How can I say Jesus was a "minor" problem? As I explained, I had this nagging awareness that His teaching wasn't really quite what my cult made it out to be. But in itself, that wasn't a huge issue. Jesus was one religious teacher among many. A really impressive "one," true; but just one. Knowing that He disagreed with me was not, in itself, shattering.
But when conjoined to the major problem, it took on a different significance. See, I had realized that I basically was the founder of my religion. I was my authority, my judgment and character were the basis. And I'd come to see that this foundation was irredeemably corrupt.
But now I did, as I became increasingly gripped with a desire to know God, and be saved—though I'd not have used the word—from the wretched heap of my internal life.
I remember praying once, in my darkened room, "Father—" I got no further. It was as if a voice came back: "Who said I was your Father?"
I had to admit, "I did." And that was precisely the problem.
So, shaken, I prayed that God would lead me to know Himself on His own terms, as He really was, whether He was such as I wished Him to be, or wholly other. I was willing to do anything, be anything. "Even if it means becoming a Jesus Freak," I said, because that was the worst thing I could think of.
I asked Greg early on what his religion was, since that sort of think interested me. Greg told me he was a Christian. "If you ever want to know why, or have any questions, just let me know," he added.
"You bet," I replied. That was never going to happen.
Fast-forward a few months of this agonizing process I've described, and that all changed. I had shared with Greg about some of the garbage—though this was not my exact term, you understand—that I was finding within. Greg sympathized and commiserated. He was a very real person, not like most shallow, sloganeering, plastic Jesus-people I had known.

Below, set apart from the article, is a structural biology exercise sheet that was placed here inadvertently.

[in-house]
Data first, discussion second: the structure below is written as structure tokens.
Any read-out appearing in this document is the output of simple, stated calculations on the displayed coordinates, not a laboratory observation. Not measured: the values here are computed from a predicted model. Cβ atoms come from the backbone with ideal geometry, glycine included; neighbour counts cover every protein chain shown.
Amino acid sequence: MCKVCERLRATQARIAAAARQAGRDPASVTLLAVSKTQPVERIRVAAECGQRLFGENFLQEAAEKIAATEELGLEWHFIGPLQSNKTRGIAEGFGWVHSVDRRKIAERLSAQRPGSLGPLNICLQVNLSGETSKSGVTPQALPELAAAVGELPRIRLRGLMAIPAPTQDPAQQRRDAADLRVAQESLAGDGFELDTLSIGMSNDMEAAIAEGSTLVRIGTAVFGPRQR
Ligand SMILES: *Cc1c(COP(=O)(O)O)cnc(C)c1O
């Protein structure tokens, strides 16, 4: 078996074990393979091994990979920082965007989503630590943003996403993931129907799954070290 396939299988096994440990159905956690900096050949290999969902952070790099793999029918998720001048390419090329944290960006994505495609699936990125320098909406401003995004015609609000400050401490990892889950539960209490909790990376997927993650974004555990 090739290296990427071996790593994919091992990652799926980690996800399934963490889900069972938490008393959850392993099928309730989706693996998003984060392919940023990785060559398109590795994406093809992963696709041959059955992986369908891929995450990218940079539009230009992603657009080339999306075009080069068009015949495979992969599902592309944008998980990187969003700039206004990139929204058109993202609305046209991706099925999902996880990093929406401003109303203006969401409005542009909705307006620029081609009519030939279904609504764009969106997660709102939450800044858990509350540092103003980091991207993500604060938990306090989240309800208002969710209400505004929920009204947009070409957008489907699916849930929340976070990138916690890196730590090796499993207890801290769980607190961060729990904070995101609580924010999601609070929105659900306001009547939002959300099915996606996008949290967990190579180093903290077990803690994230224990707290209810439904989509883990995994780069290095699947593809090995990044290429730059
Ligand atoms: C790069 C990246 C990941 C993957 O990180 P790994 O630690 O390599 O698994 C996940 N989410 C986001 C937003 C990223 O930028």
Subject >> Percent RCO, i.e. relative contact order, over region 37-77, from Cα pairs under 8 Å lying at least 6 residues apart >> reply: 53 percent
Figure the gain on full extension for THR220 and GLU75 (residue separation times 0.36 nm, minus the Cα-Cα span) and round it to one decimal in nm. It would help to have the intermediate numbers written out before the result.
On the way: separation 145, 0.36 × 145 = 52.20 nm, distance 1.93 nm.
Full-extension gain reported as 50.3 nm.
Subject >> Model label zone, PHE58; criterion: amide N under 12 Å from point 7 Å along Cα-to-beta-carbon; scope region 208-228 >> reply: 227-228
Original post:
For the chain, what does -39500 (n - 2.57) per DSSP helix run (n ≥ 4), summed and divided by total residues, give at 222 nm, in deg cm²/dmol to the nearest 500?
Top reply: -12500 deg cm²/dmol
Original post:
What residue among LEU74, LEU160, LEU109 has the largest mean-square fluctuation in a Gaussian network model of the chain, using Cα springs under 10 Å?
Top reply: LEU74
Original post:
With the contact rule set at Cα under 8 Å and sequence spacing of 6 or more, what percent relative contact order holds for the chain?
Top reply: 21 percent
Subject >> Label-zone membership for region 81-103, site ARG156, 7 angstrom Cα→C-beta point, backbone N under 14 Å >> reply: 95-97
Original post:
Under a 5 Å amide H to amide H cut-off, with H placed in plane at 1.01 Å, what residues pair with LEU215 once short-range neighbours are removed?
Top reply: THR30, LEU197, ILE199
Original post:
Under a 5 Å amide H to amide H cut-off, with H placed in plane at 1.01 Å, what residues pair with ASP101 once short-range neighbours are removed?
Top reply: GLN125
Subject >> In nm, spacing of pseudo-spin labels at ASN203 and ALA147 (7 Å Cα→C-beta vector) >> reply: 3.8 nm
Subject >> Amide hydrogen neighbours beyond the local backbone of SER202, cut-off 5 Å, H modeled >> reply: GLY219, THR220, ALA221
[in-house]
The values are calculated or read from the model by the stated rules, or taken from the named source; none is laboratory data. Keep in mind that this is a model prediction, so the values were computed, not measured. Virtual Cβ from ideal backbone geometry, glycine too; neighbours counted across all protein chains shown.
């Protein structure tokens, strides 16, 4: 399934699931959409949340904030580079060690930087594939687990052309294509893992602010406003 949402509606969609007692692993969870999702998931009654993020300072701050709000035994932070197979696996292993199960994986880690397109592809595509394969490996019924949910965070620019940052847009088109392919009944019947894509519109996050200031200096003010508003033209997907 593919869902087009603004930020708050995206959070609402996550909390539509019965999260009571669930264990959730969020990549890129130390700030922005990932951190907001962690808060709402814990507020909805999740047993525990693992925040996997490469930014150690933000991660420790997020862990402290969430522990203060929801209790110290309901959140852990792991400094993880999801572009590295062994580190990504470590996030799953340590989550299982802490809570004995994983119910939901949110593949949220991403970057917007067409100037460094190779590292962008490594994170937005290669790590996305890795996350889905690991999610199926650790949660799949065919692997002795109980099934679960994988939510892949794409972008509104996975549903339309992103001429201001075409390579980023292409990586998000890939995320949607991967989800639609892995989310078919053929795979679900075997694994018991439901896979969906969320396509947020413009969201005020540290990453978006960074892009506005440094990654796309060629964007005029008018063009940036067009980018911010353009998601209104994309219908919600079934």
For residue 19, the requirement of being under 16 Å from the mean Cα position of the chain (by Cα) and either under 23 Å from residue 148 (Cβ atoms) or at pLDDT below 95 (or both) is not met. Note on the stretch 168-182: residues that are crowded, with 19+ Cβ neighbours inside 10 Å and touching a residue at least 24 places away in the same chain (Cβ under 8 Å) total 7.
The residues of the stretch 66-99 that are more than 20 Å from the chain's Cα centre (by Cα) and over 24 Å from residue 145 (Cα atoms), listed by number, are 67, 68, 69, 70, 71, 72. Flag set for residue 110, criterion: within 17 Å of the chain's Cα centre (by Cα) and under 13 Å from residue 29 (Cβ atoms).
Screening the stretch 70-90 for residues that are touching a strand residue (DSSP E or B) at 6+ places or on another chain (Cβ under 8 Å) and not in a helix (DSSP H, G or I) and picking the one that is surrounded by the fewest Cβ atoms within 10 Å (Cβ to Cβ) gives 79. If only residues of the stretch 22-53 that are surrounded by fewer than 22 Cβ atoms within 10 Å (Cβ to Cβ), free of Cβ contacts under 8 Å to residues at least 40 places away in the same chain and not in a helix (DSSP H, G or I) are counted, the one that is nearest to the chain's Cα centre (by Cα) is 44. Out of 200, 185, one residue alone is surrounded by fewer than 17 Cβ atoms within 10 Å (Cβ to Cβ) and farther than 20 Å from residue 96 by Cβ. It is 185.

Greg gave me a gospel of John in some modern rendering, which I read. He also gave me C. S. Lewis' Mere Christianity. I liked to think I was smart, but most of it was well over my head. Except one part. You know the part.
I am trying here to prevent anyone saying the really foolish thing that people often say about Him: I’m ready to accept Jesus as a great moral teacher, but I don’t accept his claim to be God. That is the one thing we must not say. A man who was merely a man and said the sort of things Jesus said would not be a great moral teacher. He would either be a lunatic — on the level with the man who says he is a poached egg — or else he would be the Devil of Hell. You must make your choice. Either this man was, and is, the Son of God, or else a madman or something worse. You can shut him up for a fool, you can spit at him and kill him as a demon or you can fall at his feet and call him Lord and God, but let us not come with any patronising nonsense about his being a great human teacher. He has not left that open to us. He did not intend to.I remember reading this with a sinking heart. Lewis was talking about me. I was always insisting that Jesus was a great teacher, the greatest—yet I had kept running into things that this "great teacher" taught, that I did not believe, did not want to believe.
And what of that? I'd already established that I, and my judgment, formed no fit foundation for life and thought. But what of Jesus? Here was someone we held to be the greatest teacher, the greatest example, the greatest mystic. His life was a life of integrity. The unparalleled symphony of miracles in his life, with the crescendo of the Resurrection, made perfect harmony with the claims He made for Himself. It all fit. If I was no fit foundation, was He?